Something’s buzzing irritatingly in my ear. I slap it down woozily but it starts up again. Early on a winter’s morning in England, it is dark and cold outside, but the day has begun. Clothes are shucked on, ragdoll-limp children woken and dressed. And a breakfast of toast, fruit and milk groggily put before them. It is a begrudging, barely awake, darkly dissenting start to the day.
How different then to waking up on holiday. When the golden fingers of the sun creep lover-like into your tangled lair of silken sheets and plump pillows, you stir, stretch languorously, and sink back into another half-hour’s somnolence. For parents of hyperactive young ‘uns, getting up, even on holiday, is never indolent, but there is the unparalleled pleasure of two soft, warm bodies burrowing into bed and that blissful split-second they lie still in your arms. The clamour for breakfast begins soon after.
For all but those annoyingly cheerful “morning people”, everyday breakfasts have as much allure as oatmeal (and often is oatmeal)! On holiday though, you wake up wondering what delights await you. Should you stroll to that sunny café you spotted yesterday, or feast on the eclectic mix of indigenous delicacies you gathered on your rambles? Either way, it is an infinitely superior start to your day.
On our travels round this steadily shrinking, increasingly cosmopolitan world, we’ve had many delicious meals. We’ve dined on Argentinian steaks in Amsterdam, Nepalese in charming Ross-on-Wye and Greek in Zurich. The steaks were beautifully done, the Nepalese Daal-Bhaat, authentic, with a heart-warming side order of South Asian chatter, and the Greek, classic. But for the culturally curious, keen to sample local delights, this global smorgasbord doesn’t hit the spot. Yet it seems unavoidable. It nearly is.
Fortunately, first thing in the morning, most of us can’t be bothered with ostentation or pretence, so breakfast has remained simple, honest and home-grown. Breakfast now says more about a place than any other meal. In France, it is a typically elegant meal of golden croissants with delicate pats of butter that sashay into your mouth. In South India, a splendidly spicy dosa or aromatic, chutney-laced idli gets you ready for the vagaries of the day. The “full English” breakfast of juicy sausages, tangy beans and crunchy toast is quintessentially English in its vigour. And in Las Vegas, everything including breakfast is larger than life; enormous pancakes oozing sticky-sweet maple syrup, steaming tureens of scrambled eggs, and stacks of still-sizzling bacon, piled high on seductively large plates.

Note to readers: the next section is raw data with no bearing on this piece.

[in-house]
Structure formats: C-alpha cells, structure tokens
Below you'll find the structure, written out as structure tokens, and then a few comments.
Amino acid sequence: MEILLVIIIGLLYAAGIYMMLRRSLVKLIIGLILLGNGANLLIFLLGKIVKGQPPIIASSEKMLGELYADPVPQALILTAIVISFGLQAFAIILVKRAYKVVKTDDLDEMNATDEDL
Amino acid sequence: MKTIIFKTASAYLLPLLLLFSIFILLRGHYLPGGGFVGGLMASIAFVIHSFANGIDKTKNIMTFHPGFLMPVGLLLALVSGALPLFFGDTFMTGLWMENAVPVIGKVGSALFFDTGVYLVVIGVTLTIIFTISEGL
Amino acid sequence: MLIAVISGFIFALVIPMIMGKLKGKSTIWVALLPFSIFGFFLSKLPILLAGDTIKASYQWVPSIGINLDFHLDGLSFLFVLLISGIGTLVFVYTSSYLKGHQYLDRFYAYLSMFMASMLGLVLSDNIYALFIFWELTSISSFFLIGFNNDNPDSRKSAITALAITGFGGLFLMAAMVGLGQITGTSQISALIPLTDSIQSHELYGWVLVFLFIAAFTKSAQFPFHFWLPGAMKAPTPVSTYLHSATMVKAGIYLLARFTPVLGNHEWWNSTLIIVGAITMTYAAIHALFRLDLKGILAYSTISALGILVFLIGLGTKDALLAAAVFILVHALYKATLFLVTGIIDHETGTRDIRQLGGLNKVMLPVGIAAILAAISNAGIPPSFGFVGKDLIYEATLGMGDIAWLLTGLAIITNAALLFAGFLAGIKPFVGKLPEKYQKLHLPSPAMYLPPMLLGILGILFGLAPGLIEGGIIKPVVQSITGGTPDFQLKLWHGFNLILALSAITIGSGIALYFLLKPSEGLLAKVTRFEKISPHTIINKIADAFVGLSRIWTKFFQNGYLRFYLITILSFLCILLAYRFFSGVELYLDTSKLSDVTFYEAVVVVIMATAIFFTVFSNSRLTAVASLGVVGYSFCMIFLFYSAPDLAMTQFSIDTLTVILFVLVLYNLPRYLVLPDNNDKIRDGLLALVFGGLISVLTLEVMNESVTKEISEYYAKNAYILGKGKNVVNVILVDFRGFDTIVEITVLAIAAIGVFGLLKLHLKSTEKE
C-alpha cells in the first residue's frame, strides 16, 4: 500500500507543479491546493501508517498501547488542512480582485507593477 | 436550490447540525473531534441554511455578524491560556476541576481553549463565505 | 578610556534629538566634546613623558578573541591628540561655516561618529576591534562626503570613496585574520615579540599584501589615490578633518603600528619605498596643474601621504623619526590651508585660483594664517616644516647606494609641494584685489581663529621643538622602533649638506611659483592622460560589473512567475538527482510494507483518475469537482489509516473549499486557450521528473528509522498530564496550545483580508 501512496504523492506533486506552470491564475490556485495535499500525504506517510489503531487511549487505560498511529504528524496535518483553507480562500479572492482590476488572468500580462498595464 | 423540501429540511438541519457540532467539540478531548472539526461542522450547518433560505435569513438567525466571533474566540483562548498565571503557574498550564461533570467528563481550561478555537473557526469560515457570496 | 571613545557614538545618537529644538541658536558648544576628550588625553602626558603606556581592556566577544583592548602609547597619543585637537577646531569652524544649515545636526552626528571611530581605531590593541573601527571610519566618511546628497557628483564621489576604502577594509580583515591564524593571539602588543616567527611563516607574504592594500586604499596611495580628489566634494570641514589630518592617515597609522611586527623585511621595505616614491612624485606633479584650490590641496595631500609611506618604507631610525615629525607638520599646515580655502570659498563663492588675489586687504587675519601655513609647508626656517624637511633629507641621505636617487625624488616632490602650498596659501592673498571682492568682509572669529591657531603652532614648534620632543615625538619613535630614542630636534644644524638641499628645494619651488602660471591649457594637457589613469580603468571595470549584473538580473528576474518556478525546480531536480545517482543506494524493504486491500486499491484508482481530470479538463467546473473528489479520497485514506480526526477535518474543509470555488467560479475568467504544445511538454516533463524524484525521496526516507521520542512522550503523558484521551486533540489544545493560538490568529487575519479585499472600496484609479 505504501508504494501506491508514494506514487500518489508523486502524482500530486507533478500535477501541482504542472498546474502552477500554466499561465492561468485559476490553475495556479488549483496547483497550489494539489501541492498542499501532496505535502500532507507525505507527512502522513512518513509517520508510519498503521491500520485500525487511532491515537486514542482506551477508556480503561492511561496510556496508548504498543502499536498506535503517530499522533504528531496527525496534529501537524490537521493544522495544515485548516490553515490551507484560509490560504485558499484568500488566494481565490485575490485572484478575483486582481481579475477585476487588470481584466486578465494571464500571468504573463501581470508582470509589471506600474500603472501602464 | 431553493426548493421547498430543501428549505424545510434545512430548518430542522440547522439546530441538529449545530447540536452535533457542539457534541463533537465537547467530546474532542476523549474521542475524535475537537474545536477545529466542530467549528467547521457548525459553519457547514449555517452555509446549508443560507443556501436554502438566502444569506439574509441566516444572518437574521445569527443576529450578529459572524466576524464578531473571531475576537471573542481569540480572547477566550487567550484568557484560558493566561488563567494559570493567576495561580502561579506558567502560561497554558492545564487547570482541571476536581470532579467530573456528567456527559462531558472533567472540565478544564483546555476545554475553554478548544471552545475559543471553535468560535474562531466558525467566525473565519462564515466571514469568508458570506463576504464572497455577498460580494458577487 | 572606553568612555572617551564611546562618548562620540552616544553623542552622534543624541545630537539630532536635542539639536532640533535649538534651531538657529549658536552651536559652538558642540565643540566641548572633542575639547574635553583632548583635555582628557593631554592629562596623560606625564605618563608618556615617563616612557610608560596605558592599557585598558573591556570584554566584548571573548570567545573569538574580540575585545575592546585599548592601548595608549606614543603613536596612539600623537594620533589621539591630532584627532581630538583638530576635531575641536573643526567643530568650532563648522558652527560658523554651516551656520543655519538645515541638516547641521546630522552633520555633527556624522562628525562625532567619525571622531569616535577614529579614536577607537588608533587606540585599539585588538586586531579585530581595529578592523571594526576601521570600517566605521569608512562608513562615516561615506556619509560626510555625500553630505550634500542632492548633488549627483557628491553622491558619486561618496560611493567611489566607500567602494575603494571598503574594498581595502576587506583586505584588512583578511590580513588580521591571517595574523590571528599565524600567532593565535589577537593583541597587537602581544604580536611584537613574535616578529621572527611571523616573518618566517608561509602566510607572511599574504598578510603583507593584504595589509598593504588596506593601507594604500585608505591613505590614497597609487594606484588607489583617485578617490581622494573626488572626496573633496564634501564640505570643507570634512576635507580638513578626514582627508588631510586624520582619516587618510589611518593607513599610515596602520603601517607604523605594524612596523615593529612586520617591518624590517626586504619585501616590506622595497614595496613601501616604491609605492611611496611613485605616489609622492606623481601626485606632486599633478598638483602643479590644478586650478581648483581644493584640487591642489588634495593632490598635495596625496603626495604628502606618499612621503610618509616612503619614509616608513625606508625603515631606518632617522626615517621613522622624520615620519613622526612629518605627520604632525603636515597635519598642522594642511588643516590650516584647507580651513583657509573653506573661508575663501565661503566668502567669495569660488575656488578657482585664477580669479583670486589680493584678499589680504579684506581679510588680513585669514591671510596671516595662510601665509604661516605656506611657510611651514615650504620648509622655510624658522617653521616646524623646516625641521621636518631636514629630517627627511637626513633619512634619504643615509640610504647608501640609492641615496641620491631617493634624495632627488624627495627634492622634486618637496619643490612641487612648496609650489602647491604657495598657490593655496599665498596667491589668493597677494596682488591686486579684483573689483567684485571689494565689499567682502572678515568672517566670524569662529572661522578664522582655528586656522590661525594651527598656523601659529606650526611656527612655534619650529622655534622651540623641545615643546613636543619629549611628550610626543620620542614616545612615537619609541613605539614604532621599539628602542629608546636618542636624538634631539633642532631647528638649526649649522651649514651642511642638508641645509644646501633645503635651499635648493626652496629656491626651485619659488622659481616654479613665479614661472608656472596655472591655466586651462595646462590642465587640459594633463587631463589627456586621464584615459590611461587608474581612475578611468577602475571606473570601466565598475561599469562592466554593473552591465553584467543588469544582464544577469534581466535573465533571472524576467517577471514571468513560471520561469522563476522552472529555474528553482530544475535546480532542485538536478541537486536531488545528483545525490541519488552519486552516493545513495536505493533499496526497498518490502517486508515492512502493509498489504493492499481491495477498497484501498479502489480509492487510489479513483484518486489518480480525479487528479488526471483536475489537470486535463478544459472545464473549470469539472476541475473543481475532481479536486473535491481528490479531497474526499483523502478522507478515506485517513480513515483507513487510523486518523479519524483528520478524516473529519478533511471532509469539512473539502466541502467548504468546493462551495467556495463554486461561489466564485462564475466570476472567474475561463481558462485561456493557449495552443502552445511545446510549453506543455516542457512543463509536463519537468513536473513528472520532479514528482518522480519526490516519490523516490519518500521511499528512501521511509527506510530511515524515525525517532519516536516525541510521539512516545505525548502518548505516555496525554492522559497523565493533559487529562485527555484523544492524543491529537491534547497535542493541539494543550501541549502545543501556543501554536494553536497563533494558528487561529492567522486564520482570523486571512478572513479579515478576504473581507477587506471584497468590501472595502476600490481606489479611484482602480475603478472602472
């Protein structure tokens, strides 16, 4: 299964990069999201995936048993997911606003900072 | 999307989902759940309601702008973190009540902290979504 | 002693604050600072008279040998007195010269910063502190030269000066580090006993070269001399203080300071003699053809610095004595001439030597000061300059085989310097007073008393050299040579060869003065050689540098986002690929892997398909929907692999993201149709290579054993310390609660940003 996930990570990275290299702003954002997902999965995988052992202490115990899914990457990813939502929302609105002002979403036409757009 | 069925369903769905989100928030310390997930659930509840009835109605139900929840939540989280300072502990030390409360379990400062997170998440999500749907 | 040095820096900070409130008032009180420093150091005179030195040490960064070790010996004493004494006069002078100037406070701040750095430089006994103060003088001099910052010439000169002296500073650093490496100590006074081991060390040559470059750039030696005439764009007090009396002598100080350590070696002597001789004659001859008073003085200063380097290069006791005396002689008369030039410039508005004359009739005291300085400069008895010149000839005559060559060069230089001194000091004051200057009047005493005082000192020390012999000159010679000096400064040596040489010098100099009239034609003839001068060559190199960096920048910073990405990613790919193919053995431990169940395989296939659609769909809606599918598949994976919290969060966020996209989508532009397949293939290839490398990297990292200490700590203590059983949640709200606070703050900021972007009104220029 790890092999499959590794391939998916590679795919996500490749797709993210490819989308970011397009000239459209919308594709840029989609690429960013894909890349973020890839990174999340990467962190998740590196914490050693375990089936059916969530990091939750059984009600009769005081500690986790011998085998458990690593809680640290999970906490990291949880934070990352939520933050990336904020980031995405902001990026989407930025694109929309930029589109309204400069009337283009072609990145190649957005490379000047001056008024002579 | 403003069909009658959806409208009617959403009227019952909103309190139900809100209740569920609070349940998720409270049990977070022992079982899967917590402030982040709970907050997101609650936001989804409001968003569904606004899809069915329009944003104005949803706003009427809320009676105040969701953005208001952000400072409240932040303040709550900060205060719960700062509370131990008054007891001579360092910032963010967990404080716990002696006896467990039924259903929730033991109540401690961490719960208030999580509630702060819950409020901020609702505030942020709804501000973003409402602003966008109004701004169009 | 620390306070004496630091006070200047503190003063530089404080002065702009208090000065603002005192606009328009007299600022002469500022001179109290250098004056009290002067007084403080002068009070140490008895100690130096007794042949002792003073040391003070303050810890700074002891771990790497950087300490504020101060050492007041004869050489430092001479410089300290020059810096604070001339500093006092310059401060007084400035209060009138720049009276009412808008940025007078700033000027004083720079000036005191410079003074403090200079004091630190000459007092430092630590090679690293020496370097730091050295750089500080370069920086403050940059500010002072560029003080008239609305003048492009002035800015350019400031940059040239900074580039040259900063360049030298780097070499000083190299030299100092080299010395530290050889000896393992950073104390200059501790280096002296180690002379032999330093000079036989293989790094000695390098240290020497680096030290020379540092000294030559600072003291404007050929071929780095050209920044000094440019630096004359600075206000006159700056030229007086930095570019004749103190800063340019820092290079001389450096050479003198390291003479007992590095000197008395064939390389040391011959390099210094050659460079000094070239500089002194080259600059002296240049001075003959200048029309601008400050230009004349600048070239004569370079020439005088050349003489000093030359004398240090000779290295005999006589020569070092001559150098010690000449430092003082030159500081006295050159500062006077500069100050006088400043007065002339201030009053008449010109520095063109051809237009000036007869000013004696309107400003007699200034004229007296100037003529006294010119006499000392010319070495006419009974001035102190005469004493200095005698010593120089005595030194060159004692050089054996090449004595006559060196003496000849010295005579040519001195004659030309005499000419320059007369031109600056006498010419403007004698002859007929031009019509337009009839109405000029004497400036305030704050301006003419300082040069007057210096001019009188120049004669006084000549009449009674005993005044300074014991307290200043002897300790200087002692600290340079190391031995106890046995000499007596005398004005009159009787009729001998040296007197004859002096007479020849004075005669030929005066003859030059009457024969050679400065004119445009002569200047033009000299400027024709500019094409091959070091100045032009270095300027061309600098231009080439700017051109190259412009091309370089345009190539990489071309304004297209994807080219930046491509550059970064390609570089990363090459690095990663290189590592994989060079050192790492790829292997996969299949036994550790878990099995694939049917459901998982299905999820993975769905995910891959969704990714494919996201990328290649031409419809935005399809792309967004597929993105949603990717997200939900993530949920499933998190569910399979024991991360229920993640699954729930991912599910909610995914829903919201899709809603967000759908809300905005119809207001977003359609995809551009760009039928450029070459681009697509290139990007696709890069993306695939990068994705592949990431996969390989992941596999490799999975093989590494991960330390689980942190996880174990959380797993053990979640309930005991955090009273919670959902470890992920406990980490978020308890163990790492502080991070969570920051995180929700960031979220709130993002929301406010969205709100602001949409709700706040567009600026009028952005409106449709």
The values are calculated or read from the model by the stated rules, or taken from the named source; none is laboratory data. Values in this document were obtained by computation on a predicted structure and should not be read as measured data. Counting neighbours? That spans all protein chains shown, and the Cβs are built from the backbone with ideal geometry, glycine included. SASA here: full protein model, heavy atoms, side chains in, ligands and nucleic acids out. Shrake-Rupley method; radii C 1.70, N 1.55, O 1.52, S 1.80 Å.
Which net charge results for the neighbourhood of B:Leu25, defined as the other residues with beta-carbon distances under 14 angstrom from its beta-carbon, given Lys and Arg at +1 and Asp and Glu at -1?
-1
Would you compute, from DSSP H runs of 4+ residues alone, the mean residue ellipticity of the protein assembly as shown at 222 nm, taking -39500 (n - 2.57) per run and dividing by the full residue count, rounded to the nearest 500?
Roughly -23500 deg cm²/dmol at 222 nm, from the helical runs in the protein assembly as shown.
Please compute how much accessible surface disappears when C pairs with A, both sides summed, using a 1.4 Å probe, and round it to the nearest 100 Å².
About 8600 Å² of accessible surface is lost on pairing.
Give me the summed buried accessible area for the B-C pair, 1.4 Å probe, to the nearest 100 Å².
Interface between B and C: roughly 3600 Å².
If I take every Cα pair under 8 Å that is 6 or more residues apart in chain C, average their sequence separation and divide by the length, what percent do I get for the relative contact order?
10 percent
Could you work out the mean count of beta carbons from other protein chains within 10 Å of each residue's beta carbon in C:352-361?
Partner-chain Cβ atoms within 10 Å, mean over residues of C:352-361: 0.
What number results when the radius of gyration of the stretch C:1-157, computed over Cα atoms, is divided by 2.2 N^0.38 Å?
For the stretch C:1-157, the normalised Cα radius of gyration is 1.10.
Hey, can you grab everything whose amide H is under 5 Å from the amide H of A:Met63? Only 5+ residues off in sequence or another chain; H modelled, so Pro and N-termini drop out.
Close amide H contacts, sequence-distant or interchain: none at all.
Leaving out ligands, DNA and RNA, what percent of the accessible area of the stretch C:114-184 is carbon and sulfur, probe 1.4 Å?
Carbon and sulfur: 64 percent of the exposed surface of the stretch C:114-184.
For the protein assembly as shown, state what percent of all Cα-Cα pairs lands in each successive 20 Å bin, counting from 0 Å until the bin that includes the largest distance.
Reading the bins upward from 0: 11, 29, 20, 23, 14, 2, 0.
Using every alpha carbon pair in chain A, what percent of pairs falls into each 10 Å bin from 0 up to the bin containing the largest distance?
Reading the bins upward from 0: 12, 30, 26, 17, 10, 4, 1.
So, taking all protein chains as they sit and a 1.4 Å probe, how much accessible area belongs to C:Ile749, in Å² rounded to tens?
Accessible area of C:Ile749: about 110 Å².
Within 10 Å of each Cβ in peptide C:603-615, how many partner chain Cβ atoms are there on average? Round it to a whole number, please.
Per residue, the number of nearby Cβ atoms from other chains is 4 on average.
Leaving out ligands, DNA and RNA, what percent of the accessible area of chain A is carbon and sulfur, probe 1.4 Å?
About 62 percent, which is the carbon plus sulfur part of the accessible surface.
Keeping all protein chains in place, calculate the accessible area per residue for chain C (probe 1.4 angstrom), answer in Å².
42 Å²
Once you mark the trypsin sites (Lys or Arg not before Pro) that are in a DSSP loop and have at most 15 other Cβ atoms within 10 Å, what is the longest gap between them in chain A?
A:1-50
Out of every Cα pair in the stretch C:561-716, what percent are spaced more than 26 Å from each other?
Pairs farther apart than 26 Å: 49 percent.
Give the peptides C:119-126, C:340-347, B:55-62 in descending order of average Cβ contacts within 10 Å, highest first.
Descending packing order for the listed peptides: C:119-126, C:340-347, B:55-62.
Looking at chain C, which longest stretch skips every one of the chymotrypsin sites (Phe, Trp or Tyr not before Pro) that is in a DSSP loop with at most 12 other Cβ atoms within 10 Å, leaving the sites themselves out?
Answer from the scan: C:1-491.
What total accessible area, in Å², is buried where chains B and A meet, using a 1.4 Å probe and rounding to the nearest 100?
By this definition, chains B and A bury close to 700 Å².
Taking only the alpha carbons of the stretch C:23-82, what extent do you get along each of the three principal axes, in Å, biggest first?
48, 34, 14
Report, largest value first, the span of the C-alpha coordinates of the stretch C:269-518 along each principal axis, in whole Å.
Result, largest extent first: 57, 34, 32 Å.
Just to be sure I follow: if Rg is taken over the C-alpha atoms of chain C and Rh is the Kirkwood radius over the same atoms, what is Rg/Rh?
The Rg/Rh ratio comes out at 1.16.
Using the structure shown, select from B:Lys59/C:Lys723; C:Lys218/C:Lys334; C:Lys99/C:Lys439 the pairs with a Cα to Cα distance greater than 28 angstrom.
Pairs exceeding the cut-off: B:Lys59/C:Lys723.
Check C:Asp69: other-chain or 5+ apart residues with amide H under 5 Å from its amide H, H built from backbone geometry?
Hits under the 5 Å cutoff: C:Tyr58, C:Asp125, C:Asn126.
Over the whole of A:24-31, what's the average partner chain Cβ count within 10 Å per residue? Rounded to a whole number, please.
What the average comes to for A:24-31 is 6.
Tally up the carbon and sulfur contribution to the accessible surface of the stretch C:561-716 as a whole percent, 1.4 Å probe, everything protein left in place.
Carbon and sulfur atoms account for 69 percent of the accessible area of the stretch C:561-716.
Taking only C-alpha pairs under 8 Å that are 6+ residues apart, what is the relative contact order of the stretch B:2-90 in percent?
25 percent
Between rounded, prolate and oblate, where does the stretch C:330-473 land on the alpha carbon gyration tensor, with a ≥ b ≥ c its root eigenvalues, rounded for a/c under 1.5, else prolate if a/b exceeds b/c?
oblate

If Las Vegas is larger than life, New York is life itself. Our first meal there was a breakfast on steroids. A wild cab ride with a rapping Jamaican driver ended with our unceremonious dumping on “Sex Street” (once “Essex”, I suspect), near Katz’s legendary deli. From small beginnings in 1888, Katz’s has become an NYC institution. Like Al Gore, Bruce Willis and Johnny Depp before us, the promise of flavoursome pastrami, fluffy matzo balls and hearty latkes had brought us to its doors.
At the counter, fast talking Jewish bakers helped us choose from the briskets, bagels, knishes, knoblewursts and more, on display. Settling down with our feathery pastry and lightly spiced meat in a sun-lit seat, we watched the city wake and start its daily hustle around us. A colourful collection of ethnicities gathered at the bus stop. The neighbourhood patriarchs were setting up shop, busily putting out fresh produce under stripy awnings that block the burning New York sun. But it was early and still cool.
Inside, a man expertly sliced and arranged salami under glass. Listening to the bustle of the bakers kneading, twisting, and tossing dough, I was transported to the world of Eighties Rom Coms, big hair and food so good it was positively orgasmic. When Harry met Sally here in 1989, Meg Ryan pulled off the most famous fake orgasm in cinematic history. It’s clear why they picked Katz’s for that sensual, funny, yet ground-breaking scene. Neither swish, nor shiny, it oozes character. As I looked around with interest, a dapper older man appeared at my shoulder with my longed-for iced tea. He flashed the toothiest of American smiles when I asked him about that Meg Ryan moment.
“She wasn’t faking it, you know”, he confided, “It was the best she ever had.”
Adding “You’re sitting exactly where she sat that day,” as he walked away.
I shot to the other end of the seat. I didn’t want to wallow in Meg’s afterglow, but I was totally taken with the idea that not only was she not faking, she’d never had better. And that my toothy friend had been instrumental. I looked around to find him amused still. I smiled back. Thank you for the story. It will make a tasty morsel for my readers to titter about, over their morning cuppa, one day. Because that’s the other thing about breakfast; when people are just waking up, their guards are down, their tongues loosened. It makes them garrulous, credulous even.
Breakfasts breed the best stories.